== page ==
Of all the novels I’ve written that will never see the light of day, The Starving is probably the one that would have worked. It’s also the one I miss the least, and the reason for both these things is the same.
By the spring of 2003, I was immersed in a modern languages degree, the third year of which was spent abroad to practice the language in situ. I’d already spent the best part of a year polishing my French at Disney’s Cultural Chernobyl and now found myself in Andalucia, where I hoped to improve my rudimentary Spanish with a semester of classes at Granada University. Unfortunately, the university had other ideas.
On my first day of classes, one of the courses was cancelled altogether while the academic in charge of another absconded without telling anybody where he was going or why. A third class proved to be oversubscribed but, as the university had nowhere else to put me, they let me claim the credits without turning up. I was down to about three hours of study time a week when the war broke out.
He’s virtually forgotten now, but then-Spanish Prime Minister José María Aznar was a minor partner in the invasion of Iraq in March of that year. It was an unpopular war in general, of course, but nowhere more so than in Spain, where hundreds of thousands took to the streets to voice their opposition. Just when I thought my week couldn’t get any easier, most of my course tutors went on strike.
It was brilliant. I was in my mid-twenties, at liberty in a beautiful city and with no commitments, for three months. What else was I going to do but write?
For almost as long as I had been writing, I had wanted to write a zombie story. This was still a few years before they hit the mainstream – there was no Walking Dead, no Warm Bodies, no Zombieland. The zombie was still a niche monster that had yet to stray from the sub-set of the horror genre it had occupied since Romero’s Night of the Living Dead in 1968. That was fine by me – a Romero tone was exactly what I was after, though I hoped to subvert a few of his tropes along the way. A few ideas had been percolating at the back of my mind for years and, now that I had the time, I finally sat down and put them together.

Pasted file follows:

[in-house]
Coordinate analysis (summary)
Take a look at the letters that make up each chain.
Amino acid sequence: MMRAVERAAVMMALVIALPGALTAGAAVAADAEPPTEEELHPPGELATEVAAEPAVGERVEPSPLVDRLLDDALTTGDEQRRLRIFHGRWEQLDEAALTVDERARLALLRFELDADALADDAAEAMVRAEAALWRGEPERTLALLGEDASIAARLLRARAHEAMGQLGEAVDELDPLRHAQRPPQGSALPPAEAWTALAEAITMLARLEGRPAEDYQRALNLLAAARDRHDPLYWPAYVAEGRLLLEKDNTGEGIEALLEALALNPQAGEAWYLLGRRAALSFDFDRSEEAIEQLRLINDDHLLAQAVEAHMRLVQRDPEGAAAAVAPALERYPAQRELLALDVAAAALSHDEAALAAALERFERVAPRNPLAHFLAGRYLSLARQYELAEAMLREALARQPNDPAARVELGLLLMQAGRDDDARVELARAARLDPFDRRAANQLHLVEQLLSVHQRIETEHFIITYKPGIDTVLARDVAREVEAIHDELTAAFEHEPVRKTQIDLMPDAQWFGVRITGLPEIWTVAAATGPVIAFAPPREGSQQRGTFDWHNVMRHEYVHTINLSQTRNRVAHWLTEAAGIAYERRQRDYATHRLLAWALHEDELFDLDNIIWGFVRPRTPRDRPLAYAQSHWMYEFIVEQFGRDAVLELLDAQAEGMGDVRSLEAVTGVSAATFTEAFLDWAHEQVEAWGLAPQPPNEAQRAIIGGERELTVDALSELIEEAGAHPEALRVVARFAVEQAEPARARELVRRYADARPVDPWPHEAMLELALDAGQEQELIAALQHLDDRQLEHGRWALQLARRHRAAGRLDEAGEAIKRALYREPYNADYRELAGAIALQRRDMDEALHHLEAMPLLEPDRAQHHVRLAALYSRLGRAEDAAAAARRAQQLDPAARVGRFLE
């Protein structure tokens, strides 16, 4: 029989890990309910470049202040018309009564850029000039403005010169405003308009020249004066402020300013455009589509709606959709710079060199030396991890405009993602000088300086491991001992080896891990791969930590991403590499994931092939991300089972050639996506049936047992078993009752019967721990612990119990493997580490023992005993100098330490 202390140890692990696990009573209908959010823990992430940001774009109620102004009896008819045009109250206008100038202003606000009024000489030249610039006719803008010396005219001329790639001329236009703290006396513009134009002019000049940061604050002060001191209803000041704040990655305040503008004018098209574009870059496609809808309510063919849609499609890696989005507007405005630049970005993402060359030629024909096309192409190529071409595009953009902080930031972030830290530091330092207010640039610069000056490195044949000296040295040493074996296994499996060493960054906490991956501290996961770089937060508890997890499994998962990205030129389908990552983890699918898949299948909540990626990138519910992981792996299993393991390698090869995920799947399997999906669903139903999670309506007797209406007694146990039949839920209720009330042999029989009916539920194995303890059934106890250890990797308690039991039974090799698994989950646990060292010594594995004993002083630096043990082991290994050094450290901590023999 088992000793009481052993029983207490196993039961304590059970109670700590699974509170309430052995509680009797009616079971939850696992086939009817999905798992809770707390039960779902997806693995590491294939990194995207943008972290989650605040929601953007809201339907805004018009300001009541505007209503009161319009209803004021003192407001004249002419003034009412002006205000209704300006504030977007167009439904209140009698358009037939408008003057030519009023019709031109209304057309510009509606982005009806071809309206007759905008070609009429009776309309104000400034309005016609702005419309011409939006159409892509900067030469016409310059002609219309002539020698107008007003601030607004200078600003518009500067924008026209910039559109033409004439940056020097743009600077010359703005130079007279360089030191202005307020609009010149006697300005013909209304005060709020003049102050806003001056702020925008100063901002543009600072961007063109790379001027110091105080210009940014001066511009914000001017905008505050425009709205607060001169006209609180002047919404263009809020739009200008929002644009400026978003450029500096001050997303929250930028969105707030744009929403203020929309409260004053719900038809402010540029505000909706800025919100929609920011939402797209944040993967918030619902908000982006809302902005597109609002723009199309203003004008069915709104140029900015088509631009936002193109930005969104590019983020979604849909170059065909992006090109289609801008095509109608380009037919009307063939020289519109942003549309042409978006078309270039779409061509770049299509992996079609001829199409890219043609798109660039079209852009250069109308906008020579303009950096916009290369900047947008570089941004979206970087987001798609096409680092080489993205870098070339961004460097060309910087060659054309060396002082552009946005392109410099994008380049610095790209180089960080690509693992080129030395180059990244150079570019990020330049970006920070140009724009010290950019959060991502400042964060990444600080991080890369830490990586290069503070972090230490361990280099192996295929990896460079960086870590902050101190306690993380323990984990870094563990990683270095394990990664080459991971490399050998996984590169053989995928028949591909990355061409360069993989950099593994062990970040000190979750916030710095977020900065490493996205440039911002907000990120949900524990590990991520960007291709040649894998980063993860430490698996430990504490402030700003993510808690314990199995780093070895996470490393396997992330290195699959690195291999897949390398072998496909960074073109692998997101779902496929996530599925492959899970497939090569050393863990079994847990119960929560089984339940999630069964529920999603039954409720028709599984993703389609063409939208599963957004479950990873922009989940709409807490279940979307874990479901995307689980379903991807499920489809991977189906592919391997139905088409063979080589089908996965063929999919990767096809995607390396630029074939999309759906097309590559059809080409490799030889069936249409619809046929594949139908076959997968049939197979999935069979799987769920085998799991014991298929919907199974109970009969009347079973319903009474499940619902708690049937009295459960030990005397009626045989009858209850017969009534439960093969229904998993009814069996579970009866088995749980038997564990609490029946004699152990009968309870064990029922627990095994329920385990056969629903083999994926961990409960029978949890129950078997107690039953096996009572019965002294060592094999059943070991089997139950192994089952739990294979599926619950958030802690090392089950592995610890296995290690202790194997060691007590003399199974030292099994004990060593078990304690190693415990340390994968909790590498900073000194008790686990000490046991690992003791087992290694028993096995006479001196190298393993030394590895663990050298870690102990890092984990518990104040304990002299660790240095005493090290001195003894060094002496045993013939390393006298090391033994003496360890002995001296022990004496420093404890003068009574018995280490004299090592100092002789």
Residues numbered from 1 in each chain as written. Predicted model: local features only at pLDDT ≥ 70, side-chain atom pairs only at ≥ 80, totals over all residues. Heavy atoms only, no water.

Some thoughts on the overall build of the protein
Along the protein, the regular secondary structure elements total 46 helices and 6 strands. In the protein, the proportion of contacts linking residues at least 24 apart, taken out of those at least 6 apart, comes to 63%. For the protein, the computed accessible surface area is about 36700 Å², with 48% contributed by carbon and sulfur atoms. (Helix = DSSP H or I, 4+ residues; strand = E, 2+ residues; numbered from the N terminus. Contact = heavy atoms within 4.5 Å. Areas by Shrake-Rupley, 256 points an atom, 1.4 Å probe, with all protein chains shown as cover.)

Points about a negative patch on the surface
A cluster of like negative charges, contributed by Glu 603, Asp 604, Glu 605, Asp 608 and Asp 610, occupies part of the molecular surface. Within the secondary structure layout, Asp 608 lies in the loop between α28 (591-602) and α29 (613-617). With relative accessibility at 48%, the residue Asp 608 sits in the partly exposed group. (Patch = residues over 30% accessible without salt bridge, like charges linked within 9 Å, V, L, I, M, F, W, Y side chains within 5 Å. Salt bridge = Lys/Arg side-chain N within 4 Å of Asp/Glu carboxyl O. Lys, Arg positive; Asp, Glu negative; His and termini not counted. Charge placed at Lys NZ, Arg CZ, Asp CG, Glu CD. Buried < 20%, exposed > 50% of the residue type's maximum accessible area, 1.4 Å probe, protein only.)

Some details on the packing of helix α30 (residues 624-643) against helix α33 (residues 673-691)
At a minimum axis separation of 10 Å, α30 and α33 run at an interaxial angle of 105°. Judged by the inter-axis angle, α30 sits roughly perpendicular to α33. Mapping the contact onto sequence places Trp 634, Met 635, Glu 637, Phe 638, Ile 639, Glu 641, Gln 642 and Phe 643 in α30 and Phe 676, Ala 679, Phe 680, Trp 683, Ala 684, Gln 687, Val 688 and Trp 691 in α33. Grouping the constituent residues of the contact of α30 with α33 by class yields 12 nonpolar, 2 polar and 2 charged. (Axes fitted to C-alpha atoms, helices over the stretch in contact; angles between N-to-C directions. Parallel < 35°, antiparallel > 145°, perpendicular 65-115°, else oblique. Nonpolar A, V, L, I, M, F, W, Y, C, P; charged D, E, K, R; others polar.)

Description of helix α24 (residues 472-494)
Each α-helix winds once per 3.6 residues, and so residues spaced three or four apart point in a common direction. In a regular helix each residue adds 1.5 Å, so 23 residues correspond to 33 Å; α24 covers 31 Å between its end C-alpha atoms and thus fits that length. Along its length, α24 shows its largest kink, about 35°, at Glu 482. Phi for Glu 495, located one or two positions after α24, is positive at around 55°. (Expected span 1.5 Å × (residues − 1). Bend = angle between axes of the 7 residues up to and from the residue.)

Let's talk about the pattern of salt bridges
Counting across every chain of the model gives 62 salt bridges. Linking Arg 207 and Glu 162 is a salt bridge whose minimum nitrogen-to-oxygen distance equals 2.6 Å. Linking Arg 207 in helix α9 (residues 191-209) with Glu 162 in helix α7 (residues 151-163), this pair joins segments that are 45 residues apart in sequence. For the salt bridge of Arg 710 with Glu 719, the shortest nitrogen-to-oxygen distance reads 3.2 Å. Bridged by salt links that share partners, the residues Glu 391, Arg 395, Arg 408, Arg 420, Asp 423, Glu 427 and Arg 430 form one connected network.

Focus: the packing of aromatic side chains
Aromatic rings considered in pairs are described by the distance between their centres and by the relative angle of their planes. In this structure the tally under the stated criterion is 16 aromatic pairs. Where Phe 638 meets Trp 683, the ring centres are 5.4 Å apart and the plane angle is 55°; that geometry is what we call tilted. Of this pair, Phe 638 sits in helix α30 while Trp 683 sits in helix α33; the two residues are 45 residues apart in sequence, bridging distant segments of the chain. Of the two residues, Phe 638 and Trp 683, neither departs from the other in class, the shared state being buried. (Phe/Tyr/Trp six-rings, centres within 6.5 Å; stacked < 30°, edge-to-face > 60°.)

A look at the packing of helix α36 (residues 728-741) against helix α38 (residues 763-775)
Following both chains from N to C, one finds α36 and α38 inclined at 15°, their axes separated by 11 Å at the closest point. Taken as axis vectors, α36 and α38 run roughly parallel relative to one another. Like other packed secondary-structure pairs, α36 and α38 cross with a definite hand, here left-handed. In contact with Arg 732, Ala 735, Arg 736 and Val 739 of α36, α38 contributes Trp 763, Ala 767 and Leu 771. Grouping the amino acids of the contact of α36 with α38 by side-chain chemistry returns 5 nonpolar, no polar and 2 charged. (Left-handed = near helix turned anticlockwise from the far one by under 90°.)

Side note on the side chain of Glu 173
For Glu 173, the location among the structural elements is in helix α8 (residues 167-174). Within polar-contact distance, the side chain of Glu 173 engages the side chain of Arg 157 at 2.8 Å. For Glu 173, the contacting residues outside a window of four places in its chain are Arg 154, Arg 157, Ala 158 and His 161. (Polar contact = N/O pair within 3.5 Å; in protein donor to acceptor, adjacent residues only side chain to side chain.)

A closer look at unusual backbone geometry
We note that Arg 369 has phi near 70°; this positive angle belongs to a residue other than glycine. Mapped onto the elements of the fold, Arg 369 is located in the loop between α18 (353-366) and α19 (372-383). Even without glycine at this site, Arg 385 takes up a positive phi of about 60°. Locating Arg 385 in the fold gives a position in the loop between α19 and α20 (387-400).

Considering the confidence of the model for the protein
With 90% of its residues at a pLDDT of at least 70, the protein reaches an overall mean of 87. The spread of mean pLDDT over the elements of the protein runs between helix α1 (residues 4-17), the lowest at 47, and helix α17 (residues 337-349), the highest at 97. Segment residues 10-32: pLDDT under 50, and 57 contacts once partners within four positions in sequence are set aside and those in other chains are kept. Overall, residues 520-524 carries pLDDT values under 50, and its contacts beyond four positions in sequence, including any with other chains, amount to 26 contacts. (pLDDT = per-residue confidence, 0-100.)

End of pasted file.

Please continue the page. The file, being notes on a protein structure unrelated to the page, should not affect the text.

I used The Starving to impose a Third World crisis on contemporary Britain. Global food stocks have been dwindling for months, succumbing to a genetically modified strain of fungus that is steadily making its way up the food chain, from crops to livestock, with humanity next in line. As governments impose increasingly draconian rationing laws, food is now more expensive than gold and the first reports of human fungus victims are starting to surface.
Fleeing a riot at one of the last remaining ration stations, a group of strangers take shelter in an abandoned school building. (At the time of writing, it had become painfully apparent that the Columbine massacre was not to be an isolated incident and so the school in The Starving is reminiscent of a high-security prison, in which teachers deliver lessons from behind bullet-proof glass).
Isolated and starving, the group coalesces around Cross, a documentary photographer unwilling to accept that the worsening crisis is anything more than the project of a lifetime. He is at odds with Tyler, an opportunistic thug who sees the riots as his chance to get ahead of the pack. Caught between them are Arthur and Jennifer, a late middle-age couple searching for their missing daughter and Emma, a teenage activist looking for someone to blame amidst the chaos.